“There is a panic among the ice dealers, brewers, butchers and packers just now,” said the Omaha Daily Bee on January 9, 1882, “and every sort of scheme is being devised to get ice for next season’s use.” Ice was “a necessary article of summer luxury” before the days of refrigeration, and a short ice crop was sure to cause problems for families and businesses.
The Bee said: “This time last year the ice houses were filled and running over while now, nearly the middle of January, only about three hundred tons in all, and that of six inch ice, has been put in, by way of experiment, on the bottom tier by R. Kimball & Co. and Paul Nelson. The damp, warm weather which set in last night blasted all hopes of an ice harvest which might have been entertained a few days ago and all the dealers are now figuring on getting ice the best they can. The trouble is that the weather at the cities all about Omaha is about the same as here, and the nearest known ice supply is at Manitoba.
“Tekamah folks have gathered a good supply of twelve-inch ice, and it is reported that the surface of a lake in that vicinity is frozen to the same thickness. An Omaha firm is looking out for that lake. Mayor [James E.] Boyd has built up additional ice house [capacity], which with the two he had[,] give him a storage capacity of 6,000 tons, the amount he needs. He hasn’t 6,000 ounces yet. His [packing] houses are but 150 feet from the river bank and if ice ever does form he will rustle to gather it in. He has procured a set of ice tools to facilitate business, and Kimball & Co., have three sets.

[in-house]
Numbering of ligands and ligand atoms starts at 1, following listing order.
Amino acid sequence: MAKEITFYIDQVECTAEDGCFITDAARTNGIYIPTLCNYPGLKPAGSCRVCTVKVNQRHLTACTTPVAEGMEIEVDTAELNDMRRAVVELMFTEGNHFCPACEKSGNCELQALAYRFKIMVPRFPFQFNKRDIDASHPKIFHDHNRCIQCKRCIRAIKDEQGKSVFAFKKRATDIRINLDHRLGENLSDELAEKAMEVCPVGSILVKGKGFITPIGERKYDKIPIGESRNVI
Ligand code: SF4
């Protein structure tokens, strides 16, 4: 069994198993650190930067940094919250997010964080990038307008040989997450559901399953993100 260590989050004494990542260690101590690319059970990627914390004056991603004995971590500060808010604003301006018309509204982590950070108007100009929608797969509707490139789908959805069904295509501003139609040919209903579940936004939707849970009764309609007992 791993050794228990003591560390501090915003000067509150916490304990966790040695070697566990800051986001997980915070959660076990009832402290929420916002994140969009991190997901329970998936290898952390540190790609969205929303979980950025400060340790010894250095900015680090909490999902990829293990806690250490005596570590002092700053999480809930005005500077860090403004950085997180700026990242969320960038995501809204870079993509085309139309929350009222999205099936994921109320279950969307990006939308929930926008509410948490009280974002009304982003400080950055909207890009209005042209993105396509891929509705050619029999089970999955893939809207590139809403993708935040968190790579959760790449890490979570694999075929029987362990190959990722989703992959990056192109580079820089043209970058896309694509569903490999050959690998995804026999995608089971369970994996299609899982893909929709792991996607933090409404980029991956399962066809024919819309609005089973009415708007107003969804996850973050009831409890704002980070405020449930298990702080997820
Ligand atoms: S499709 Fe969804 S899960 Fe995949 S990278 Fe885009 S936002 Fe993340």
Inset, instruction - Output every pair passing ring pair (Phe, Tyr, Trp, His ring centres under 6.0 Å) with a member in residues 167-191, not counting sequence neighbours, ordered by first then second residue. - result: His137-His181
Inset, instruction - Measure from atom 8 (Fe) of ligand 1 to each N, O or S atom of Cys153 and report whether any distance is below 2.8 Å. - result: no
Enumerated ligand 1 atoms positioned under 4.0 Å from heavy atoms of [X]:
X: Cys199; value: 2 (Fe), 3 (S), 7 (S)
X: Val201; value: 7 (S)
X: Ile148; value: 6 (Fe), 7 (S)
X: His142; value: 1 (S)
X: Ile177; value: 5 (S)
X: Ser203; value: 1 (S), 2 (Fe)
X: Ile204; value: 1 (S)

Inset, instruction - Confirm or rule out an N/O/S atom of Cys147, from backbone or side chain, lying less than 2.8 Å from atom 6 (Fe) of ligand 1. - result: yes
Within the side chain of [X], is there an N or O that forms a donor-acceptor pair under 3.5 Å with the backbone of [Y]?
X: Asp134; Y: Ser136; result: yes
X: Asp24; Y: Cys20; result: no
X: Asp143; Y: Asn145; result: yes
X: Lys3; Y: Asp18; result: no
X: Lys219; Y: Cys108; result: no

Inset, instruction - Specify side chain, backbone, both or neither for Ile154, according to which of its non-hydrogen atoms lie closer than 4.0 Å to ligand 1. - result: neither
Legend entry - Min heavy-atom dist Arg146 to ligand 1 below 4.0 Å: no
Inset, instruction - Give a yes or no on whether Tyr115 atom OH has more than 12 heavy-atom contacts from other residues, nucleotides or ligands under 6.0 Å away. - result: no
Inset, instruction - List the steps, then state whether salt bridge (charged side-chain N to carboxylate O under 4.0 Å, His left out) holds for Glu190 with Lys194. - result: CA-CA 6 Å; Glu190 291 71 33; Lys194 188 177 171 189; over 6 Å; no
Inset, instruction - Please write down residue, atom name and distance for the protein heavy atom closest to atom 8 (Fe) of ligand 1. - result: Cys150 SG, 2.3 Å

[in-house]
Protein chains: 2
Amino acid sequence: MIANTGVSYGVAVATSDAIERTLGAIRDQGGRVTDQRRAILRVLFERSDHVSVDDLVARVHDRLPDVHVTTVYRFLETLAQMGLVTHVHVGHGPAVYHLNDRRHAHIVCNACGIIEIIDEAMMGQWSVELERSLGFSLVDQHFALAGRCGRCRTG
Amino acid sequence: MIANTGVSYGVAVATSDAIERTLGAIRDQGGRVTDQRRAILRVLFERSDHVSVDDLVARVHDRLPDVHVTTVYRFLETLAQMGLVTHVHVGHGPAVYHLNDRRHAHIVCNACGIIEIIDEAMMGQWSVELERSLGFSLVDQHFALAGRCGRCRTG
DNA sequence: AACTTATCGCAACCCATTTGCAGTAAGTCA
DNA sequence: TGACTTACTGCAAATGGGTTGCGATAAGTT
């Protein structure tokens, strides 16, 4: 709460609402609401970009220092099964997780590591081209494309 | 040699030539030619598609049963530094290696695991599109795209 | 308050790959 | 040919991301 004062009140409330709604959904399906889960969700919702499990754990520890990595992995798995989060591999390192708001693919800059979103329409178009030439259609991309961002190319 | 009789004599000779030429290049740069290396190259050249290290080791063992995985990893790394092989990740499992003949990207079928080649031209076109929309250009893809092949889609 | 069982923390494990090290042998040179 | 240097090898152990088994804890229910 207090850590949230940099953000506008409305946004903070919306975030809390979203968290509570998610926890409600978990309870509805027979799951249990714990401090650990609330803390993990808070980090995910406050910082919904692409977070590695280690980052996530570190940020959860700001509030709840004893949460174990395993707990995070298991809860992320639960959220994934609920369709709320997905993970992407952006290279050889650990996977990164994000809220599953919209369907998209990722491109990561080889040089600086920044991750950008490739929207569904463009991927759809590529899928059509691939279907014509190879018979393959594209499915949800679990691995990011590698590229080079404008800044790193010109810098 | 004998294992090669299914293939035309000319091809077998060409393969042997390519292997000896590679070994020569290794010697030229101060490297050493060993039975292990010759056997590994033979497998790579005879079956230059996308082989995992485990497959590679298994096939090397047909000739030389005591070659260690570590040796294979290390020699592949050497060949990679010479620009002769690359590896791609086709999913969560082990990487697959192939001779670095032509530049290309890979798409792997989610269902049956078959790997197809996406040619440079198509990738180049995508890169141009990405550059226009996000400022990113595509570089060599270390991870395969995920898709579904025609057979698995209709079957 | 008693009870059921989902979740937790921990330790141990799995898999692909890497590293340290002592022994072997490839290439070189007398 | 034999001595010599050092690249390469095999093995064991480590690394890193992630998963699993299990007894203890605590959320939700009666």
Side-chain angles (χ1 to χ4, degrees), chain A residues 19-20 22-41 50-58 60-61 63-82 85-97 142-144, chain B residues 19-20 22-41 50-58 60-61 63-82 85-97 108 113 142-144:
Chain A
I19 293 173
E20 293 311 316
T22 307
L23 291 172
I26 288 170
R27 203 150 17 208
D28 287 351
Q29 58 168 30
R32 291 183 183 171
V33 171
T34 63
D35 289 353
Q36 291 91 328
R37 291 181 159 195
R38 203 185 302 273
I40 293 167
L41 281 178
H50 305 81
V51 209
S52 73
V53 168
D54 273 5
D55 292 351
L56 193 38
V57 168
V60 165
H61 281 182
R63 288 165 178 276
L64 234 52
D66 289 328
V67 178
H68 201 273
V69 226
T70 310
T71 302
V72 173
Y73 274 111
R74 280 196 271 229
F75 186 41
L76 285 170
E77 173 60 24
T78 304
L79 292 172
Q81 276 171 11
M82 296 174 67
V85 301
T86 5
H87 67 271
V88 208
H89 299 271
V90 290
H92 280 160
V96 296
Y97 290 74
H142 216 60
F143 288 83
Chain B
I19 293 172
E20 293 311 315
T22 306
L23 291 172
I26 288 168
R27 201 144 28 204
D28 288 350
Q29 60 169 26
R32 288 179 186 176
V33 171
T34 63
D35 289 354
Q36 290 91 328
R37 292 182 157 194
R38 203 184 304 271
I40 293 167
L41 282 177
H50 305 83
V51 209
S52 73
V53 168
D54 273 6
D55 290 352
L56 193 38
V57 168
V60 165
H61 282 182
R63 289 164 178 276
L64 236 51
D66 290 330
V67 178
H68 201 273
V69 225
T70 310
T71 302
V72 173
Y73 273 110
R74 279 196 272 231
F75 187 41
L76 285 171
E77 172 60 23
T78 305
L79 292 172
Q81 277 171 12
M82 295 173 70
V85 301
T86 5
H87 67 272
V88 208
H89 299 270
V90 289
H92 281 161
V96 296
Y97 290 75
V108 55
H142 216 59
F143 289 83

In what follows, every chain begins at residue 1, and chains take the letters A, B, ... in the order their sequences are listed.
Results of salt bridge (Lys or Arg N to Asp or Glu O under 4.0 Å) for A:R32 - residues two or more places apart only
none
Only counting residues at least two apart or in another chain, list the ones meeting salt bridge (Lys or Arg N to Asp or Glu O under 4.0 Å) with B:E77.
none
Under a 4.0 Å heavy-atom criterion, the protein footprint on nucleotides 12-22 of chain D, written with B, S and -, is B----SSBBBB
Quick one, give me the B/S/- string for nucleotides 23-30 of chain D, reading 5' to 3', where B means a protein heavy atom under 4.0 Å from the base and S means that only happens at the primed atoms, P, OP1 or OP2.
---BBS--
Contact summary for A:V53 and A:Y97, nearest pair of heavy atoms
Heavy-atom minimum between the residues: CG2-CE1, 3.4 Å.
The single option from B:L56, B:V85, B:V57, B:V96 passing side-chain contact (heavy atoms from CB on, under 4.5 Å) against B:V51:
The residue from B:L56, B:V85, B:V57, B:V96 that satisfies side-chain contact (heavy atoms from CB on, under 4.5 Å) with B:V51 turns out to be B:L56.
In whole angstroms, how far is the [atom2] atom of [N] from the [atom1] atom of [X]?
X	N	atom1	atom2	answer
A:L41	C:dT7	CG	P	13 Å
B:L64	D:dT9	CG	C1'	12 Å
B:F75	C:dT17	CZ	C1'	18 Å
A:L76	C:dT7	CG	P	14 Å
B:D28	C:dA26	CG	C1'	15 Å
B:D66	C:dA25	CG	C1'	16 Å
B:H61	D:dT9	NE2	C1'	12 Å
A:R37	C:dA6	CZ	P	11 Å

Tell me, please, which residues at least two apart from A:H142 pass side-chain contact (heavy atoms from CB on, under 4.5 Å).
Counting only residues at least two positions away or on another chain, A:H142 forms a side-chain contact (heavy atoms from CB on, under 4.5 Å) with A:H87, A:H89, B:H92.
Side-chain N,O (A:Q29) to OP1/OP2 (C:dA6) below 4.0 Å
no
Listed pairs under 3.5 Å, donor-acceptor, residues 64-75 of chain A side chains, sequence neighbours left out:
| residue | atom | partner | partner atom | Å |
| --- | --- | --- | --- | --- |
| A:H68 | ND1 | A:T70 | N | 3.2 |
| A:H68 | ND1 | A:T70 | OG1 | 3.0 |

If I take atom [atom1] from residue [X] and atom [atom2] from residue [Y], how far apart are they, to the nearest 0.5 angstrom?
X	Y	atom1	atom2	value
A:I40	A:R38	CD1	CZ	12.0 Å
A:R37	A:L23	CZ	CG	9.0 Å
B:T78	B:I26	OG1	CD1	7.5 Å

“Boyd will possibly, in case the ice crop fails entirely, put in one of the cooling machines which blows cold air through the rooms, lessening the consumption of ice three-fourths at least. Such a machine costs about $20,000, and it will only be taken as a last resort. Several parties have been figuring with the C. St. P. M. & O. (Chicago, St. Paul, Minneapolis and Omaha] road to lay a track along Cut-Off lake, but the company can’t see it, unless they are guaranteed a certain number of cars and $5 a load. . . .
“There is an immense amount of ice consumed in this city and notwithstanding the amount that was housed last winter the supply was exhausted by September 1st and Blair and Council Bluffs drawn upon. Besides the ice required by brewers, packers, etc., the local trade, by delivery, is very heavy and the Union Pacific alone uses fifteen tons per day.
“There is still a hope that the mercury will go down below zero next month, and there are good reasons to believe that we may yet have plenty of this very necessary article of summer luxury.”
The Rankin Brothers Ice Works at Cambridge in Furnas County about 1900. NSHS RG3371-3-5